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Toxicological information

Developmental toxicity / teratogenicity

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Administrative data

Endpoint:
developmental toxicity
Type of information:
experimental study
Adequacy of study:
key study
Reliability:
2 (reliable with restrictions)

Data source

Reference
Reference Type:
publication
Title:
Effects of in utero and postnatal sodium saccharin exposure on the nutritional status of the young rat. II. Dose response and reversibility.
Author:
E. M. GARLAND, R. SHAPIRO*, P. L. KRAFT~', B. J. MATTSON, J. M. PARR and S. M. COHEN
Year:
1991
Bibliographic source:
Food Chem Toxicol. 1991, Oct; 29(10):669-79.

Materials and methods

Test guideline
Qualifier:
according to
Guideline:
other:
Principles of method if other than guideline:
Effects of in utero and postnatal test chemical exposure exposure were assessed in one generation of Sprague-Dawley Rats.
GLP compliance:
not specified
Limit test:
no

Test material

Reference
Name:
Unnamed
Type:
Constituent
Type:
Constituent
Test material form:
solid: crystalline
Details on test material:
- Name of test material: Sodium Saccharine
- Molecular formula:C7H5NO3S•Na
- Molecular weight : 205.2 g/mol
- Substance type: Organic
- Physical state: Solid
Specific details on test material used for the study:
- Molecular formula:C7H5NO3S•Na
- Molecular weight : 205.2 g/mol
- Substance type: Organic
- Physical state: Solid

Test animals

Species:
rat
Strain:
Sprague-Dawley
Details on test animals and environmental conditions:
Details on test animal & Environmental conditions
- Source: Charles River Breeding Laboratories Inc.,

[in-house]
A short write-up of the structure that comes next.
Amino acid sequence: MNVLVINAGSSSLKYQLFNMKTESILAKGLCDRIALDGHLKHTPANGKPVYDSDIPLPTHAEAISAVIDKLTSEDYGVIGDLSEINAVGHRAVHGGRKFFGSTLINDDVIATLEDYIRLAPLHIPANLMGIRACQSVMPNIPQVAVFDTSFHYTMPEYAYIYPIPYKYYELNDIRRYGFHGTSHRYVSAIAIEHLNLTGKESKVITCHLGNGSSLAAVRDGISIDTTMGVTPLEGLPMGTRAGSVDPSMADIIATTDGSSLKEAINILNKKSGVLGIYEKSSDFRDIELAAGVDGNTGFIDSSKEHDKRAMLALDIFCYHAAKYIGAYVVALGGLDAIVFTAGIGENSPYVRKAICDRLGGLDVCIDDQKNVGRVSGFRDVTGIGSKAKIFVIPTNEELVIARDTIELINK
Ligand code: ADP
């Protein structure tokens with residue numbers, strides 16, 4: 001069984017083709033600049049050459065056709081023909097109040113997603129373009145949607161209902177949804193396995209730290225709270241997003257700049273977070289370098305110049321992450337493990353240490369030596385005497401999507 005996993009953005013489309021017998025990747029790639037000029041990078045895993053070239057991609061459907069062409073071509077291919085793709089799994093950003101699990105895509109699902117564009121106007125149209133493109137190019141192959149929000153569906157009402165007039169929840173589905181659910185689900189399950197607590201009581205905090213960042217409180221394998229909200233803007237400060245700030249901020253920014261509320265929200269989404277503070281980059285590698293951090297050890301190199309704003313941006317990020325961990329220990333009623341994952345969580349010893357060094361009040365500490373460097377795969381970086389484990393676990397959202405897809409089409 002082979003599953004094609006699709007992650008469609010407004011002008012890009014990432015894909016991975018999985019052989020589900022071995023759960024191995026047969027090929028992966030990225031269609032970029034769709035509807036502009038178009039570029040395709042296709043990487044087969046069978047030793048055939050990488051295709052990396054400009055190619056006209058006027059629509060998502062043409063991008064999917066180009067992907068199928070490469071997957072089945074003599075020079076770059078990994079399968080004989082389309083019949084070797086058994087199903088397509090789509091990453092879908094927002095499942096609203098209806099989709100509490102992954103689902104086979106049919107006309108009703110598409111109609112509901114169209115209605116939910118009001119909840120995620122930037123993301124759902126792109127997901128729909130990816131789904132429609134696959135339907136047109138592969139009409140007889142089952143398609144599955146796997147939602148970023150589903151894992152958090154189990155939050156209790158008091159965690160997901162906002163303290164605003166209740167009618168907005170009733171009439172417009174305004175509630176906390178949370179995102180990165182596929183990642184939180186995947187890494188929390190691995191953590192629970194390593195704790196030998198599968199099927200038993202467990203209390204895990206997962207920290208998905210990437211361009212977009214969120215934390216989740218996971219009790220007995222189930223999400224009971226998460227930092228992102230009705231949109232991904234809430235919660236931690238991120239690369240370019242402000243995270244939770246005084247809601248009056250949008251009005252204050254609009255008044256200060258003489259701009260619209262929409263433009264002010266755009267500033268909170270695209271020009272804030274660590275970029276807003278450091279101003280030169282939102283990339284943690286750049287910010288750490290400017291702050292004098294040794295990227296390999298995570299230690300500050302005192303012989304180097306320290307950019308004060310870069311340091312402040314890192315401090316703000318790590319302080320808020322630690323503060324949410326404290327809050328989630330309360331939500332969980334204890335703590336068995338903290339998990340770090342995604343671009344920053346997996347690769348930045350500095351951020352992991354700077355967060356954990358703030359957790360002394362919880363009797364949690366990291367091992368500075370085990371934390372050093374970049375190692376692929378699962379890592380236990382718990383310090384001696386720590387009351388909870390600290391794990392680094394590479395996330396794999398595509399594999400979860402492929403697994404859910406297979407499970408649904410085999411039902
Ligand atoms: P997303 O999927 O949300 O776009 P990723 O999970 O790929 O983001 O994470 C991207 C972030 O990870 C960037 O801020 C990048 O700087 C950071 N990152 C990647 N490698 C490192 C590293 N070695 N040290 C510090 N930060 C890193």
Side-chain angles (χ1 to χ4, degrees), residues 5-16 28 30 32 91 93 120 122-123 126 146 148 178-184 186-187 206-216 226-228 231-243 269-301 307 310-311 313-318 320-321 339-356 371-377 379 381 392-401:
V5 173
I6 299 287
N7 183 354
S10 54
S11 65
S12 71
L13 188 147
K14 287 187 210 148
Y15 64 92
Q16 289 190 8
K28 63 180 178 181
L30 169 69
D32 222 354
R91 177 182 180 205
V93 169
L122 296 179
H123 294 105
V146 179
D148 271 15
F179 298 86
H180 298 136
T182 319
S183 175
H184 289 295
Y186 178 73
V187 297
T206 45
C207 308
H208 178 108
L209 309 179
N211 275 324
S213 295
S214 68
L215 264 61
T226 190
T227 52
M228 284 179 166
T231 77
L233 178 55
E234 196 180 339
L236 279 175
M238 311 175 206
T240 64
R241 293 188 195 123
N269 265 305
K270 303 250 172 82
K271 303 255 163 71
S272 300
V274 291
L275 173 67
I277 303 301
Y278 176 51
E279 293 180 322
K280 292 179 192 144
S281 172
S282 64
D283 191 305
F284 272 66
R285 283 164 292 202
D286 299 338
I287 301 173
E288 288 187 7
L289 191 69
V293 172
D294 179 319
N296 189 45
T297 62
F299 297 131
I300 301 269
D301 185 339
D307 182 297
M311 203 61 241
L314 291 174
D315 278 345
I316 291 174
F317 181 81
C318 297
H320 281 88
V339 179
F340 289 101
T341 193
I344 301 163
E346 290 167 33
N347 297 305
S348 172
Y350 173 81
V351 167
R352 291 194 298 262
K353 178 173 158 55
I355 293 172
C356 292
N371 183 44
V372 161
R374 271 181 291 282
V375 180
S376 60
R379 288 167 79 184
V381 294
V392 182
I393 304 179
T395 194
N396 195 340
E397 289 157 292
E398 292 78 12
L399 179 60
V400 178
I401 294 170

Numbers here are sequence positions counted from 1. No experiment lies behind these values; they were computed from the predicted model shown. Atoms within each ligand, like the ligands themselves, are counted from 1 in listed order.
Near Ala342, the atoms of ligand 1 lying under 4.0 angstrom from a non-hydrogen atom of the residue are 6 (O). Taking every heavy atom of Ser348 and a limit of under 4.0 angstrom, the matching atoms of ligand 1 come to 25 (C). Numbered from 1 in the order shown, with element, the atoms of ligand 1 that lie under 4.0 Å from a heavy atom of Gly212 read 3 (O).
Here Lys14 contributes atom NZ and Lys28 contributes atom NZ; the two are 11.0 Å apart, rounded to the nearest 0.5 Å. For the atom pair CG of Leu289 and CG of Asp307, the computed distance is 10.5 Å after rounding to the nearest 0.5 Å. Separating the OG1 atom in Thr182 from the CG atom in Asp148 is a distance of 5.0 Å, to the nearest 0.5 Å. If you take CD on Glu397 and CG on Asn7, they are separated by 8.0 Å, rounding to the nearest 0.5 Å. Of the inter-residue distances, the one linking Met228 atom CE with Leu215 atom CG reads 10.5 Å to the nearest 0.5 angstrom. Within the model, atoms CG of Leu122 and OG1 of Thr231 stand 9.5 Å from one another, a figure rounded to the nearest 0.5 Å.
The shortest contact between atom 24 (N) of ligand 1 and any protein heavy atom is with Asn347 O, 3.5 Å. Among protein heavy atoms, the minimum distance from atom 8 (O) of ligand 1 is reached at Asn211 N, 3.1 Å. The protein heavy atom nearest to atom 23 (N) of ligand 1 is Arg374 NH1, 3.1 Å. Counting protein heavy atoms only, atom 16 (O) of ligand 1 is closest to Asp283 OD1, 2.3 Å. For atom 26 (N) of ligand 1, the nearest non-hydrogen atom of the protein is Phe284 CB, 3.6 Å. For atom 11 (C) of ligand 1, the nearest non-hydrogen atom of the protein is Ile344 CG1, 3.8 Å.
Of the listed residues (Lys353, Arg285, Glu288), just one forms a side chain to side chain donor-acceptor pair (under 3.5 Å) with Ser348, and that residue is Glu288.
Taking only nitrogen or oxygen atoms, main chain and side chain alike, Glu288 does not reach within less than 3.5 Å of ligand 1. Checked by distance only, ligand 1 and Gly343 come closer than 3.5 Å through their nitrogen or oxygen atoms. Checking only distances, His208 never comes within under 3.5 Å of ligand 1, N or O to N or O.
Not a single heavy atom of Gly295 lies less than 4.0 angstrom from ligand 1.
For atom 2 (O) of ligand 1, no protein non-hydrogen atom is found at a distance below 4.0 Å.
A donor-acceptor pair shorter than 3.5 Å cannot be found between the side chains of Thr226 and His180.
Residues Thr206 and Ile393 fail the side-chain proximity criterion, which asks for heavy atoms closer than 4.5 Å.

- Age at study initiation: 4 wk old
- Housing: Polycarbonate cages with corncob bedding
- Diet (e.g. ad libitum): Purina Rodent Chow No. 5002
- Water (e.g. ad libitum): distilled water
- Acclimation period: 2 wk

ENVIRONMENTAL CONDITIONS
- Temperature (°C): 71 +_5°F
- Humidity (%): 50 +_ 20%.
- Photoperiod (hrs dark / hrs light): 12-hr light/dark schedule.




















Administration / exposure

Route of administration:
oral: feed
Vehicle:
other: Purina Rodent Chow No. 5002
Details on exposure:
The test chemical was mixed in the diet at concentrations of 0, 1, 3 or 7.5% by weight
Analytical verification of doses or concentrations:
yes
Details on analytical verification of doses or concentrations:
Dietary levels of the test chemical were analyzed by HPLC. Before each batch of test diet was fed.
Details on mating procedure:
Mating was started after 4-5 wk of test diet feeding.
Duration of treatment / exposure:
90 days
Frequency of treatment:
Daily
Doses / concentrations
Remarks:
Doses / Concentrations:
0, 1, 3 or 7.5% by weight (0,1000,3000,7500 mg/kg bw/day)
Basis:
nominal in diet
No. of animals per sex per dose:
Parental generation
Control: 33 females, 17 males
7.5% per day: 33 females, 17 males

F1-generation
Control: 14 litters
1% per day: 14 litters
3% per day: 14 litters
7.5% per day: 14 litters
7.5% per day (30 days) and then basic diet (60 days): 14 litters
Basic diet (30 days) and then 7.5% per day (60 days): 14 litters